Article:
• beware of the up sell – you are getting someone to design you a website, be wary of agencies trying to sell you other online services for your business, whilst often useful, they can tie your business down
  • copy-writing – is the agency going to help you write the content of your website, or just design the website. Writing effective web copy is not an easy skill
  • templates – have a look at the agency’s portfolio, do they all look the same? Are they designing to a template? Many low cost web designs are template based – it’s where they save the money – not necessarily a problem, as long as the template is good for you
  • Search Engine Optimisation (SEO) 1 – the agency should offer internal SEO as an integral part of their service – not as an add on. SEO is so important it needs to be done from the start of the design process
    • SEO 2 – get the agency to explain what their SEO services are in plain English. Get them to explain their internal and external SEO services to you and their costs. Further, ascertain whether they do this in-house or sub-contract it
  • Content Management Systems (CMS) – many agencies make CMS a key feature, but do they tell you everything about CMS and is it right for you? Key things to consider:
    • ease of use – whilst you don’t need to be able to code in order to update a website with CMS, many of them are not as intuitive to use as they should be, indeed, quite the opposite
    • proprietary or published – CMS’s can come in two forms – proprietary (i.e. written specifically for a specific website), or published (Joomla, Drupal, WordPress, Coldfusion etc.), in which case the CMS is adapted for your website. Proprietary is usually more intuitive as written specifically for you, but can tie you in. Published can be less intuitive and more templated.
    • templates – CMS websites generally follow similar template designs, especially the published varieties, your choice in layout and design may be limited
    • flexibility – because many CMS designs follow templates (with some agencies just changing the logo on the template and then selling it to you for £500) they lack flexibility, you may well be limited in what you can do within your budget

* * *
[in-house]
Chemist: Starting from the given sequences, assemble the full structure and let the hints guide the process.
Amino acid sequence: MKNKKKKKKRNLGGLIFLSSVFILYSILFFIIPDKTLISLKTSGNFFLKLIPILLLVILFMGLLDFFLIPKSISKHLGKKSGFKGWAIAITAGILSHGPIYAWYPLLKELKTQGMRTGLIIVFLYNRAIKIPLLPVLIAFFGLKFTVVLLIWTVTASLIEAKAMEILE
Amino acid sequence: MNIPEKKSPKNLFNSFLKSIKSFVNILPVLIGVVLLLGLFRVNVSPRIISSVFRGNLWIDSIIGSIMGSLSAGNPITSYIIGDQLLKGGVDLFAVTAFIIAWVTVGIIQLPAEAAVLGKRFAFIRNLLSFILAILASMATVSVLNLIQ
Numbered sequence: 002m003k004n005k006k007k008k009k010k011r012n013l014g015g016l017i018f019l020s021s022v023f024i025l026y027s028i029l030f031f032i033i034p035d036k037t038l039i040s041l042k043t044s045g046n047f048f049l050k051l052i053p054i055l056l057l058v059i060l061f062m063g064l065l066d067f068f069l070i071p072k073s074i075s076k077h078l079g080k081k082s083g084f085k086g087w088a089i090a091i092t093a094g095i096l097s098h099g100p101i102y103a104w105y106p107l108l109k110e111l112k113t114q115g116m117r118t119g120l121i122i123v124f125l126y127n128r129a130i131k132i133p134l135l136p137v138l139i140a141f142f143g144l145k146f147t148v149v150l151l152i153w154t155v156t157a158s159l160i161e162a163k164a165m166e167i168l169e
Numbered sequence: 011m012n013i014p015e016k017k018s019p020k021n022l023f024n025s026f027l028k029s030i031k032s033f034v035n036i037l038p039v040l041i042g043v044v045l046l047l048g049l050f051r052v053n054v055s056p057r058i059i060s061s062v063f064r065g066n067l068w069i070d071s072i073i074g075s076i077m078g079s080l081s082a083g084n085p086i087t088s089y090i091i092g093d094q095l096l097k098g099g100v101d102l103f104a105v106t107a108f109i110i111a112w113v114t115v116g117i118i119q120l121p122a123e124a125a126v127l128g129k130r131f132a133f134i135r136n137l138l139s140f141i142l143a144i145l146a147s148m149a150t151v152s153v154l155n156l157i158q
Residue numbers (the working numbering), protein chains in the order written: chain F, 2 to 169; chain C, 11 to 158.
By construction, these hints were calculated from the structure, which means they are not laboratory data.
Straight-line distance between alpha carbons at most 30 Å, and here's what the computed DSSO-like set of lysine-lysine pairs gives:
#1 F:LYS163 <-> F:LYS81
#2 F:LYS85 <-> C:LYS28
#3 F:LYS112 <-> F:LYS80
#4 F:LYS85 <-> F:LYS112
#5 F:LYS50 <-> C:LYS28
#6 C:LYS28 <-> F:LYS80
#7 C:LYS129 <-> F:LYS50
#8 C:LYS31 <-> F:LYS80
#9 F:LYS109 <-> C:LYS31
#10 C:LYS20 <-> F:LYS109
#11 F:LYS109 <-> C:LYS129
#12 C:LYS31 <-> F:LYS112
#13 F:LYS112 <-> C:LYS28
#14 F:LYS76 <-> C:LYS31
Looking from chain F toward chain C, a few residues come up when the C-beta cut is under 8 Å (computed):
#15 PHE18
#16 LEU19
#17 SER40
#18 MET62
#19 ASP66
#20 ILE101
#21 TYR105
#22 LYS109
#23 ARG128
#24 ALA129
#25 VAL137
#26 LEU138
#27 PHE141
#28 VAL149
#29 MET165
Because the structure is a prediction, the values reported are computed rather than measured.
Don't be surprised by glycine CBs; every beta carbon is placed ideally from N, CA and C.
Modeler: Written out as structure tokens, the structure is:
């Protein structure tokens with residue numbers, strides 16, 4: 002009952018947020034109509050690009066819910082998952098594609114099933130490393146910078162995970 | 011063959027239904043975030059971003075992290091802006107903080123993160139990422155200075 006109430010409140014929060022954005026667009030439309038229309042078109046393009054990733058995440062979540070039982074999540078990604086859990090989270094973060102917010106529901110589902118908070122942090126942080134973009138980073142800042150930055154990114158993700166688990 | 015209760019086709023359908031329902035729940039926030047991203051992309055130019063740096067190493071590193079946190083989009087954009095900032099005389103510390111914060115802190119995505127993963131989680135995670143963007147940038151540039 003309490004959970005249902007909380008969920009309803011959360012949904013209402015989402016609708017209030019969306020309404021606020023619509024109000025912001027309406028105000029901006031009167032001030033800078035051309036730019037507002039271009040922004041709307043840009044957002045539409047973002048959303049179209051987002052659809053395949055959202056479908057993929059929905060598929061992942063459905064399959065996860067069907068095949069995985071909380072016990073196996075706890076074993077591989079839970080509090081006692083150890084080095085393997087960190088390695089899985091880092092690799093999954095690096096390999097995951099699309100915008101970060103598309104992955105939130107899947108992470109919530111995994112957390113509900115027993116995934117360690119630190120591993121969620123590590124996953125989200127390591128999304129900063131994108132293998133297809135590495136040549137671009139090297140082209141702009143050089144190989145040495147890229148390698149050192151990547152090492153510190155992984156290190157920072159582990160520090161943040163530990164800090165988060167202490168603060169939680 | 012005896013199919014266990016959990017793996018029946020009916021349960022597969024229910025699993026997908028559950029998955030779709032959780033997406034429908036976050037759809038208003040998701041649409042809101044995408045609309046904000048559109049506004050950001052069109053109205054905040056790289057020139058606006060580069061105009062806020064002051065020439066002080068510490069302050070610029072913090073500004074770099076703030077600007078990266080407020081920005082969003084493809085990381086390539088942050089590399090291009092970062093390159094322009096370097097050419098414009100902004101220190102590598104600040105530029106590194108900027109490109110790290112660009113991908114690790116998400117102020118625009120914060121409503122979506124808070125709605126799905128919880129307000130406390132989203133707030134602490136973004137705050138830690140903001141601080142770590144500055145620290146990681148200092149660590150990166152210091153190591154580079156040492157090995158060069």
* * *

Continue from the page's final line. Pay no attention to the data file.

• content – just because you can update your website, should you? Were not all copywriters, and this together with the relative inflexibility of CMS websites can lead pretty quickly to some messy websites. Further, if your being sold a website with CMS is the agency going to help you out with copy-writing and SEO? Do you know enough about SEO to write search engine friendly copy?
  • e-commerce – many small businesses are attracted to the online world because of e-commerce and the ability to compete with the big boys on equal terms. Err no. The first thing any agency should do is to administer a dose of reality to your e-commerce dreams. It’s not impossible to be successful, but it’s not as easy as you may think. Things to consider asking your agency about e-commerce are:
    • software – your agency is very likely to use commercially available e-commerce software for your website, the larger agencies may have their own software which they re-use. Find out which one their using and Google it! You might find out that your paying an agency just to change the logo
    • beware of the up sell – many e-commerce packages are hugely capable, able to list and manage thousands of products and do wondrous things – this might be over-kill if all your after is a simple e-commerce website selling a few items
    • ask for options – if you’re just going to sell a few things online, make sure your agency gives you a range of options, from the cheap to the expensive. For example, PayPal provides a free e-commerce facility that can be used with any website!
    • understand the amount of work involved – often, the easiest part of setting up an e-commerce site is the design itself, understand that inputting your product details with appropriate tags and descriptions can be very time consuming – will your agency help?
    • templates – because e-commerce websites are usually based on published software, and have very complex databases related to them, they tend to be very similar in how they look as they are generally set up using templates. This could be an issue if you want to differentiate how your e-commerce site looks compared to your competitors, ask you agency how they can differentiate your site from your competitors